By echoing state officials, the corporate media lend government propaganda the appearance of private conviction and objective truth. “Overall, America has been conditioned to accept ongoing wars without ever really knowing what they’re doing to people we’ll never see,” Solomon concludes.
In particular, press coverage of the war on Ukraine projects the illusion of consensus, even as public support for NATO’s military buildup declines. By erasing dissent, media conglomerates hide the grisly costs of war and the imperial system that wages it — profiting from conflict by selling narratives that render it invisible.
In many ways, militarism is a form of class warfare. “The fat profit margins from supplying the Pentagon and kindred agencies,” Solomon explains, exacerbate economic inequality while redirecting resources away from social programs. In effect, war is perpetual because it is profitable, enriching an elite firmly entrenched in the military-industrial complex.
Confirming Solomon’s thesis, the Department of Defense published a landmark study of military contractors this April that registered “outstanding market returns,” including an increase in operating margins (profit as a percentage of revenue) from 7-9 to 11-13 percent over the past two decades. Arms makers outperformed commercial peers because of government contracts that guarantee profits and cash flow.
Despite a jump in dividends and share buybacks from 3.7 to 6.4 percent, the industry actually decreased investment in business operations. Firms declined to plow back earnings into research or capital stock, instead funneling revenue to shareholders. Auditors compared the massive transfer of resources to investors to eating “the seed corn” — “damaging future prospects by overconsuming critical resources for the short term benefits they offer.”
Beyond guzzling government revenue, investigators also complain that companies engage in blatant war profiteering. Former Director of Defense Pricing Shay Assad reports that the price “gouging that takes place is unconscionable” and widespread. Lockheed Martin and Boeing notoriously overcharged the government for the PAC-3 missile, reaping 40 percent profits rather than the legal 10-12 percent, according to a “60 Minutes” report. During the Iraq War, TransDigm Group even refused to supply critical valves for Apache helicopters before boosting prices 40 percent — a practice that auditors call “extortion.”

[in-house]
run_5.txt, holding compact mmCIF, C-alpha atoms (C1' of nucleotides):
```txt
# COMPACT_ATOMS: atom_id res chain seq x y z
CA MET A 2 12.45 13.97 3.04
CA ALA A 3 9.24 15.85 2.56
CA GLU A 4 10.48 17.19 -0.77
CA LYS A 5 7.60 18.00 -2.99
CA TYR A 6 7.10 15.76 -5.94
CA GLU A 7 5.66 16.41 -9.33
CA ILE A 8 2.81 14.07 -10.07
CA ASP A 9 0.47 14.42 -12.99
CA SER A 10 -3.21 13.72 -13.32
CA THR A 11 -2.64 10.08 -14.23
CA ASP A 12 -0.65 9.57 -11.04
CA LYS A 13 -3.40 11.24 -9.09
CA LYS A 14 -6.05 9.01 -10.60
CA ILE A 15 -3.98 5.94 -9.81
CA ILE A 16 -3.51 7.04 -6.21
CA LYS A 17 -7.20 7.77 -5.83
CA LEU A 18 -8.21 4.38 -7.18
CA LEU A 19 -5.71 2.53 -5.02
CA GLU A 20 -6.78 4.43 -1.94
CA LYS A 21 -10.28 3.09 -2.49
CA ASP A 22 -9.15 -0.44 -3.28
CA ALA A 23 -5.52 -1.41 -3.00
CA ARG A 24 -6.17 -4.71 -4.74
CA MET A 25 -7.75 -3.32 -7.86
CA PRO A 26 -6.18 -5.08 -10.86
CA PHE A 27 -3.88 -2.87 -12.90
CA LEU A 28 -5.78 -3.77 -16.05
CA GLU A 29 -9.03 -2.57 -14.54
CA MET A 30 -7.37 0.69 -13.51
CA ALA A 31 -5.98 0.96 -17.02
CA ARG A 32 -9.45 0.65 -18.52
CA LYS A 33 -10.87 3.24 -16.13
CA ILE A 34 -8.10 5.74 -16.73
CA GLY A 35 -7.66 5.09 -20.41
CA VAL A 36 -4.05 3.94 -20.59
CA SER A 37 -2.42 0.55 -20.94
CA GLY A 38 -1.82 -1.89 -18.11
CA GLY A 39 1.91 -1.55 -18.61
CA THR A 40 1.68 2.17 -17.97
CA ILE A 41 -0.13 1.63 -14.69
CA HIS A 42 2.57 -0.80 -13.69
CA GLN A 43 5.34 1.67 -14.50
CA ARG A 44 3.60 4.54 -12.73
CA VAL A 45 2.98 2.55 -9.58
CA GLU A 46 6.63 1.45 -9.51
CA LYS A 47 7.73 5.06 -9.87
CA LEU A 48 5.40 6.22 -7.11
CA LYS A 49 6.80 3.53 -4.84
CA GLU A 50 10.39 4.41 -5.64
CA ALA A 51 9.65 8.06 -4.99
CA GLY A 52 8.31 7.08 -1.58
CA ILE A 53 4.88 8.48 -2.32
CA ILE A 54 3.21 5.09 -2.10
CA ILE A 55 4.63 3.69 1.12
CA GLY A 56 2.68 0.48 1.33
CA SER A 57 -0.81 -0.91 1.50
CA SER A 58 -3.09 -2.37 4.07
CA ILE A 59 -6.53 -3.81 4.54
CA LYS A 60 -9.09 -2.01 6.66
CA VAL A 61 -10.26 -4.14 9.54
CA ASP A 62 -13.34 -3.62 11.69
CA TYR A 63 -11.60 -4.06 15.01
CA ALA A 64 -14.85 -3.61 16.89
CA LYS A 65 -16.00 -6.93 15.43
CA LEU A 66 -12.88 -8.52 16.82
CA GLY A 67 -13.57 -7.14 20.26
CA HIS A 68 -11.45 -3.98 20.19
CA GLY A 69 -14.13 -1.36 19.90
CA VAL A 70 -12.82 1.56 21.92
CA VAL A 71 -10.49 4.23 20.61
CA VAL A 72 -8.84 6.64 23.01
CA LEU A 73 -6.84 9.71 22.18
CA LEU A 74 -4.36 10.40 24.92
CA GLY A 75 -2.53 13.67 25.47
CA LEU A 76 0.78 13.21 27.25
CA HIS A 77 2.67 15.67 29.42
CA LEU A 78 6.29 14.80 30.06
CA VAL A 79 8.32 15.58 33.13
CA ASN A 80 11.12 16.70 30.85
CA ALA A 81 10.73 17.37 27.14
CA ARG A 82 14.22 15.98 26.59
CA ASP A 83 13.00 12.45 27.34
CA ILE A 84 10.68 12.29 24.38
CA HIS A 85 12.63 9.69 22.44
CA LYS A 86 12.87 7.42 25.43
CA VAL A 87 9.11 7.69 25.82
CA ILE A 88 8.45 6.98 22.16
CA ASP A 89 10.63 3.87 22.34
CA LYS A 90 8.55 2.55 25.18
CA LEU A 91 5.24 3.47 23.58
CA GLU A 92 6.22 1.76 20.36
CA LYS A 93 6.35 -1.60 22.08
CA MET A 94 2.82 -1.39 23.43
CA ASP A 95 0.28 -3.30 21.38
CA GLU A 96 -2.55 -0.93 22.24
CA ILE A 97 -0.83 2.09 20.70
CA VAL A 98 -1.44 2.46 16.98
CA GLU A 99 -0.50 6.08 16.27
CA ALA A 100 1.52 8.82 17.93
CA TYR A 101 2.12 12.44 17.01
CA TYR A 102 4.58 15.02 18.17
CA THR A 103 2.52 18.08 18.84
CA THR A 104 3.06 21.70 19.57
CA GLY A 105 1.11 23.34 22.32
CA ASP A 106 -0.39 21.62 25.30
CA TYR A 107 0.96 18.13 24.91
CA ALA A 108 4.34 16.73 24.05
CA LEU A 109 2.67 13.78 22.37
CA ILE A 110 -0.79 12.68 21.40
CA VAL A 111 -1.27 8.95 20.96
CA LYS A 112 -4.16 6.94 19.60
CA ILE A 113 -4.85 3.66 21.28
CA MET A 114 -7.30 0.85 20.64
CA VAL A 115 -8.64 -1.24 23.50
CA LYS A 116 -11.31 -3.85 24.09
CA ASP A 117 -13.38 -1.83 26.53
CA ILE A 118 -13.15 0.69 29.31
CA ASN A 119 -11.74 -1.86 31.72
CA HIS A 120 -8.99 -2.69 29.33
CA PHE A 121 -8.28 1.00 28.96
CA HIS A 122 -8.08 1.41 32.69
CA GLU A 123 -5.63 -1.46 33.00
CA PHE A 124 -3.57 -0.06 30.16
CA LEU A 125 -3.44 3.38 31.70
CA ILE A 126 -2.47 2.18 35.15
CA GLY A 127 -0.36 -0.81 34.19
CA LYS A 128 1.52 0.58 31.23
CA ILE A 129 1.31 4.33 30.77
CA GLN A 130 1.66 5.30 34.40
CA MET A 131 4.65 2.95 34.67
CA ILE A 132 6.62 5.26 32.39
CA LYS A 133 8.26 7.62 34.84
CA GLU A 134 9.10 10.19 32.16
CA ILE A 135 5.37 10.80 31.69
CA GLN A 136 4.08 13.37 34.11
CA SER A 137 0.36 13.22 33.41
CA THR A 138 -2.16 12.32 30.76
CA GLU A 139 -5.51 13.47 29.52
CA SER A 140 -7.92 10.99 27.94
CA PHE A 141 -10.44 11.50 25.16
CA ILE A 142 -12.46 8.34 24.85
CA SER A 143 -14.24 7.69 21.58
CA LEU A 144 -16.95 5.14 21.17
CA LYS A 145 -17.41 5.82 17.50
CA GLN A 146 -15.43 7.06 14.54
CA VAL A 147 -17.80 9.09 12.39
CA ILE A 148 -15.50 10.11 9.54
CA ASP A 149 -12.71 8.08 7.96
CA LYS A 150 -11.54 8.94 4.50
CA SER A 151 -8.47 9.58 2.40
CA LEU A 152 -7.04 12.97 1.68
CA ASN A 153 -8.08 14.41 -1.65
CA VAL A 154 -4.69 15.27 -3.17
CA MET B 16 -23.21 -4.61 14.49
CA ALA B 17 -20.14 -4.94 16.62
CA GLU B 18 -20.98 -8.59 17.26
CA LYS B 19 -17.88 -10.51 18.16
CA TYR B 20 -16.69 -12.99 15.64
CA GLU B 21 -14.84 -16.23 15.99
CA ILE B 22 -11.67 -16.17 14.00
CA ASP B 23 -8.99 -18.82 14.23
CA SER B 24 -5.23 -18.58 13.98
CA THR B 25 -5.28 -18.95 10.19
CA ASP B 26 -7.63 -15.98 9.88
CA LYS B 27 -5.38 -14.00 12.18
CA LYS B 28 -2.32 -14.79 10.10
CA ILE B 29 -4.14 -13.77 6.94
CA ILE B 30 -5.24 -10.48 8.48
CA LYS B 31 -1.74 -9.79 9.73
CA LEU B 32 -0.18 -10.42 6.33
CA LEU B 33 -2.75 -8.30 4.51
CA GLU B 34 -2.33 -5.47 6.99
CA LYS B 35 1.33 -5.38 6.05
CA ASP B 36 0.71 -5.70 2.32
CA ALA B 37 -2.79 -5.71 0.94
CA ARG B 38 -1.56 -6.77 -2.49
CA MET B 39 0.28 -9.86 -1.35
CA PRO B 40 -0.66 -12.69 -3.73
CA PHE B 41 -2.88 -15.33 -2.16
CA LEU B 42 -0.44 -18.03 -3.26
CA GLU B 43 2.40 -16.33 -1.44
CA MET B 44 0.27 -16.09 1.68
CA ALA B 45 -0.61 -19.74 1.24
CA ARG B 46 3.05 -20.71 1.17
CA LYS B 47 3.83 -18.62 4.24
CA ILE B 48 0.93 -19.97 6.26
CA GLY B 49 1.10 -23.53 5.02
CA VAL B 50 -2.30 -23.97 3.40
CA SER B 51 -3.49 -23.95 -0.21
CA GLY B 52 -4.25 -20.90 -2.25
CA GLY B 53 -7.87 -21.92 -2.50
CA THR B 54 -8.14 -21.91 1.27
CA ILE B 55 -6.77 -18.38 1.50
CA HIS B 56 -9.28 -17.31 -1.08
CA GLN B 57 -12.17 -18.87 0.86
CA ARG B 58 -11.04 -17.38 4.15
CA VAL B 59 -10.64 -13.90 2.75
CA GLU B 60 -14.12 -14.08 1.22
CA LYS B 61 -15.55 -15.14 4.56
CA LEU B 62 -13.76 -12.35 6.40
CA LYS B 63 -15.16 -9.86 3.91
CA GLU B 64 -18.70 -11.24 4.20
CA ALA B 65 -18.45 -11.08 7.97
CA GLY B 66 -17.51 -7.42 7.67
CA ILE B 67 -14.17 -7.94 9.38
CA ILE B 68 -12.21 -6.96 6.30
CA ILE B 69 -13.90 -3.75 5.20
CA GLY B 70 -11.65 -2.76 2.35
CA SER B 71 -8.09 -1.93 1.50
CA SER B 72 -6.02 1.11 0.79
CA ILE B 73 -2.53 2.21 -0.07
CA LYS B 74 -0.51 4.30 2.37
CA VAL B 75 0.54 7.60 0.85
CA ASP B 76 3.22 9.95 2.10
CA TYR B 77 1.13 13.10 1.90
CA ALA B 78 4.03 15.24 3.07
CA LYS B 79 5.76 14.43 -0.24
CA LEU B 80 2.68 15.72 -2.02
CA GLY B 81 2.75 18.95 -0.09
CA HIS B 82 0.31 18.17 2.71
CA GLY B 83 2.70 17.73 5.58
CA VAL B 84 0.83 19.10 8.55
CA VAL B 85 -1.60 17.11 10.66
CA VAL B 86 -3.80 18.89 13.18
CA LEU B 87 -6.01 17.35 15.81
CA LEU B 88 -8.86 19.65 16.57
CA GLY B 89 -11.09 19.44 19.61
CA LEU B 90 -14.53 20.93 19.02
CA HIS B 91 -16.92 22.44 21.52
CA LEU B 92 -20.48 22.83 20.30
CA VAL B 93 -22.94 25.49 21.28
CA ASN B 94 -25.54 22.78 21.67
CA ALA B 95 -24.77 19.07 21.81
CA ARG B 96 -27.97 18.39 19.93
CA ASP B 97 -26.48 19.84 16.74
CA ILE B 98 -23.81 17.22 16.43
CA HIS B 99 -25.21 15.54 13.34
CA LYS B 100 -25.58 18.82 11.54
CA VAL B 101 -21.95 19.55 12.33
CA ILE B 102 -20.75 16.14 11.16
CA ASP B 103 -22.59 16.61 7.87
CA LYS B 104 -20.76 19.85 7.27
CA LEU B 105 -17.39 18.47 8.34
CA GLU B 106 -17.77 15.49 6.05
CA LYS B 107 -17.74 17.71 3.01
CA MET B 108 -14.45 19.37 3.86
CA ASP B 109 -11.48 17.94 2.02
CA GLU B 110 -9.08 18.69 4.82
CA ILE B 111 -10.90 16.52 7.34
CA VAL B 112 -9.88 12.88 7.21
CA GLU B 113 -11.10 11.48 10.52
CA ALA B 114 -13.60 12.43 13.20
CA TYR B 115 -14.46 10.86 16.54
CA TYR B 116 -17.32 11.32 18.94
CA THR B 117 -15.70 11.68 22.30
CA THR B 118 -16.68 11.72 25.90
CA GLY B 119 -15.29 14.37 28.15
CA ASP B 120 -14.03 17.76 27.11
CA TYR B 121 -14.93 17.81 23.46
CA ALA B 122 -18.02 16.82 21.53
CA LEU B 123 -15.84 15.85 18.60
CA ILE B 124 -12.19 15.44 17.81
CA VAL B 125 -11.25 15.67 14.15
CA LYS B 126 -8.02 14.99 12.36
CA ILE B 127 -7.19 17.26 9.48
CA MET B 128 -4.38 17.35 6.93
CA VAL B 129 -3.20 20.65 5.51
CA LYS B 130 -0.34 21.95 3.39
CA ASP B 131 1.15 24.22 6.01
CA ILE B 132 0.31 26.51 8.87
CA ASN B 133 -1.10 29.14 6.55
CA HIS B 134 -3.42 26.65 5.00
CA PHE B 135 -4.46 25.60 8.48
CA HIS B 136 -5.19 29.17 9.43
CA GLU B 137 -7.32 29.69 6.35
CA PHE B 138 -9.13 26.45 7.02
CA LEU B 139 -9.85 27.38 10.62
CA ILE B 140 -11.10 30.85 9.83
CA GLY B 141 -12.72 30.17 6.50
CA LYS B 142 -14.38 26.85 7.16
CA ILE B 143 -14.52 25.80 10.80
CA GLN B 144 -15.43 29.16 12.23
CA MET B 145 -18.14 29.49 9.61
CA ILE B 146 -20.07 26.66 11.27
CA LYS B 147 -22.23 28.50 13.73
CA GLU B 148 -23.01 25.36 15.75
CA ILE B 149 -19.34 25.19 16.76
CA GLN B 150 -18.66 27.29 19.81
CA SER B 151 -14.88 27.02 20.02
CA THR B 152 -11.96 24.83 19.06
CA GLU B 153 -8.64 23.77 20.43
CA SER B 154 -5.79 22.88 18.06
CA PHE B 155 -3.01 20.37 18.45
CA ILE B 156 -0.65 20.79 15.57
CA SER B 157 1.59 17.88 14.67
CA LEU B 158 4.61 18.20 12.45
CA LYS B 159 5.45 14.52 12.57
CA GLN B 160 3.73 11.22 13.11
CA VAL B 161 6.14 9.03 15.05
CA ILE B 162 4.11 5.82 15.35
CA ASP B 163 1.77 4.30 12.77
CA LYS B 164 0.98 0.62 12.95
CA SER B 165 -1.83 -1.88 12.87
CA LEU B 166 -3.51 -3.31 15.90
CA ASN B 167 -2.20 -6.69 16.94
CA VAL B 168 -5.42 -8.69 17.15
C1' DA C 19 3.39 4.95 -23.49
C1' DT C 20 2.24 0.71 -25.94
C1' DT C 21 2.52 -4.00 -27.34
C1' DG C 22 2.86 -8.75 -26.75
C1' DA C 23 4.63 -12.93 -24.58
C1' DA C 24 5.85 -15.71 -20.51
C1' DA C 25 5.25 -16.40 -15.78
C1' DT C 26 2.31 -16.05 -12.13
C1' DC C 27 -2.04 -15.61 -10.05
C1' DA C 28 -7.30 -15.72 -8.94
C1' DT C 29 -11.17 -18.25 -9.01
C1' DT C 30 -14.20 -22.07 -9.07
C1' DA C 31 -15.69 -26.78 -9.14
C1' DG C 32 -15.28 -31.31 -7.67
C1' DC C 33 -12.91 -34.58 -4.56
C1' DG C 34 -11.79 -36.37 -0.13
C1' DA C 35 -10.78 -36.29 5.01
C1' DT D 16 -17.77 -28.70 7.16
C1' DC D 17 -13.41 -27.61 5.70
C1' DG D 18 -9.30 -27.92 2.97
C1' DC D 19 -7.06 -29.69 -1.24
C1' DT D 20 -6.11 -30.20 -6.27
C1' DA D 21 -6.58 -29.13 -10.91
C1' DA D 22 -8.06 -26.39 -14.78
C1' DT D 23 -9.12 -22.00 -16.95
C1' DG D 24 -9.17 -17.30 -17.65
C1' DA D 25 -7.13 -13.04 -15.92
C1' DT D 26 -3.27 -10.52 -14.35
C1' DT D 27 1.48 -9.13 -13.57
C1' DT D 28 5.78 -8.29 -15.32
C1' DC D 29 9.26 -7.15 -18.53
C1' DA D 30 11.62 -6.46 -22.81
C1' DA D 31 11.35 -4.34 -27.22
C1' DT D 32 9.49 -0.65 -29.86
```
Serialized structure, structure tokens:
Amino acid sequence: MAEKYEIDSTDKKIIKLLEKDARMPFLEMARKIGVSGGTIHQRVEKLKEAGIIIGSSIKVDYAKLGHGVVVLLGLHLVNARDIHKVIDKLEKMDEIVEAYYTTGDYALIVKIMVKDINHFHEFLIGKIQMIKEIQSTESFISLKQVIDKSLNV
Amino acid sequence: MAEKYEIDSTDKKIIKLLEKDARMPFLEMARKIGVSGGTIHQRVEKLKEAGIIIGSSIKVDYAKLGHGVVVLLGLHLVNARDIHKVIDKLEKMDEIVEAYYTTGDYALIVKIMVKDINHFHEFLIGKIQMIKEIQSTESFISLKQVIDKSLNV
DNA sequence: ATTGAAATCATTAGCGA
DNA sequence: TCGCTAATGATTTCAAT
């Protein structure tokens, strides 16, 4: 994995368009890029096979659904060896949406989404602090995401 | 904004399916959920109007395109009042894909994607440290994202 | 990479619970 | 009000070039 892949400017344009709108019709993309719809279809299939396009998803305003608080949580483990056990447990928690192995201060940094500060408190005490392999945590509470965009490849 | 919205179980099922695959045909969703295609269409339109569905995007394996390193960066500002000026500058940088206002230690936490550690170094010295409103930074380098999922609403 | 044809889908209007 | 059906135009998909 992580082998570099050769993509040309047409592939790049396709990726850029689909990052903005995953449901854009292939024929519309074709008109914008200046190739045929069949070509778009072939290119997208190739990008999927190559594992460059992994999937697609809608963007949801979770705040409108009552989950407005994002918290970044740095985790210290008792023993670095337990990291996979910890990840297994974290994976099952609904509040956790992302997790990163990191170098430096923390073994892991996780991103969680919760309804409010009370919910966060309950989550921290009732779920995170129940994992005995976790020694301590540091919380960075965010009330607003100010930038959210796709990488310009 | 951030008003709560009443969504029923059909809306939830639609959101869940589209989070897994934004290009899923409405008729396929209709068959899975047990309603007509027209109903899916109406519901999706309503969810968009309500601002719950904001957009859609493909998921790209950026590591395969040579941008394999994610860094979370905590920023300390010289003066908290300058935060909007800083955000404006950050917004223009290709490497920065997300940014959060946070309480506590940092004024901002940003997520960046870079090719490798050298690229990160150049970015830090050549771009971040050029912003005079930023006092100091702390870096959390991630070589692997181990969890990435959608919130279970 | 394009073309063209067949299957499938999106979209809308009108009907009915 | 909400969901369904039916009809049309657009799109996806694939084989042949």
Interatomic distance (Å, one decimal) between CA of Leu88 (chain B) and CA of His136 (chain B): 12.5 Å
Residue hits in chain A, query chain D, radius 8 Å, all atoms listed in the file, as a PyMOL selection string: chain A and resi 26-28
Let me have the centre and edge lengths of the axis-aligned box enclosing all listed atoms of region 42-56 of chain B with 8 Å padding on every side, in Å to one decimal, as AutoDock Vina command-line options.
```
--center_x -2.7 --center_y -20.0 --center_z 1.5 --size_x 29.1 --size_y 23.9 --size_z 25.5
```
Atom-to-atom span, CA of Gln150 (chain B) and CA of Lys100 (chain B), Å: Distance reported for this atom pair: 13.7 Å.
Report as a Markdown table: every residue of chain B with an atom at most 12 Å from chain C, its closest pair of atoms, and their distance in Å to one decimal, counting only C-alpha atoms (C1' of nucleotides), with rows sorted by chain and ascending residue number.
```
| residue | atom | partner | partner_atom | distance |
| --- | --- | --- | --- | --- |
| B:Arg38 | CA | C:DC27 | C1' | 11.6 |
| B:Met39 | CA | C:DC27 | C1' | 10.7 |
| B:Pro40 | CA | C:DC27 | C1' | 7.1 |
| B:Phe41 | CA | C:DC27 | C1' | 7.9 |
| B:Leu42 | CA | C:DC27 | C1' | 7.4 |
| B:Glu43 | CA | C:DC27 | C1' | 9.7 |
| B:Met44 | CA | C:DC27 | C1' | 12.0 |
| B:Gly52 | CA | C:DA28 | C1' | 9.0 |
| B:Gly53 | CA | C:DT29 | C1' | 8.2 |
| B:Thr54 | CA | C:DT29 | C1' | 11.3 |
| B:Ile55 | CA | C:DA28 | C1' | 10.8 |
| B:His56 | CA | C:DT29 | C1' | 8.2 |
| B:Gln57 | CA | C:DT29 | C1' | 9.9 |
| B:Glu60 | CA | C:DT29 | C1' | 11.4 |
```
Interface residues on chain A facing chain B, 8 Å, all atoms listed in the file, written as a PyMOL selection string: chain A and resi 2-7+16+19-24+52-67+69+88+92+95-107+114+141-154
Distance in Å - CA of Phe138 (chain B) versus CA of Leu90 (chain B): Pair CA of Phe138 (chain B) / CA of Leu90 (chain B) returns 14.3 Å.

The concentration of industry power in the hands of defense conglomerates and the war on Ukraine encourage price gouging. “For many of these weapons that are being sent over to Ukraine right now, there’s only one supplier,” former Director of Defense Pricing Assad told “60 Minutes.” “And the companies know it.”
Meanwhile, military contractors are using Ukraine and other strategic markets as testing grounds for arms systems. Maj. Gen. Robin Fontes and Jorrit Kamminga — who run the weapons consulting firm RAIN — argue in National Defense magazine that “Ukraine is a laboratory” for the future of warfare: “a center-stage, relentless and unprecedented effort to fine-tune, adapt and improve [artificial intelligence]-enabled… systems.” Mobilizing AI software, companies such as Planet Labs and BlackSky Technology provide intelligence to soldiers in real time, functioning as U.S. extensions of the Ukrainian war effort while creating a fluid and information-rich fighting environment.
This month, the Biden administration even approved cluster bombs for Ukraine, after previously suggesting their use constituted a “war crime.” Ukrainian and Russian forces already wield them in combat, violating an international convention that bans the indiscriminate explosives. In past conflicts, investigators alleged that Western firms manufacture them in playful shapes to attract and maim civilians — including children.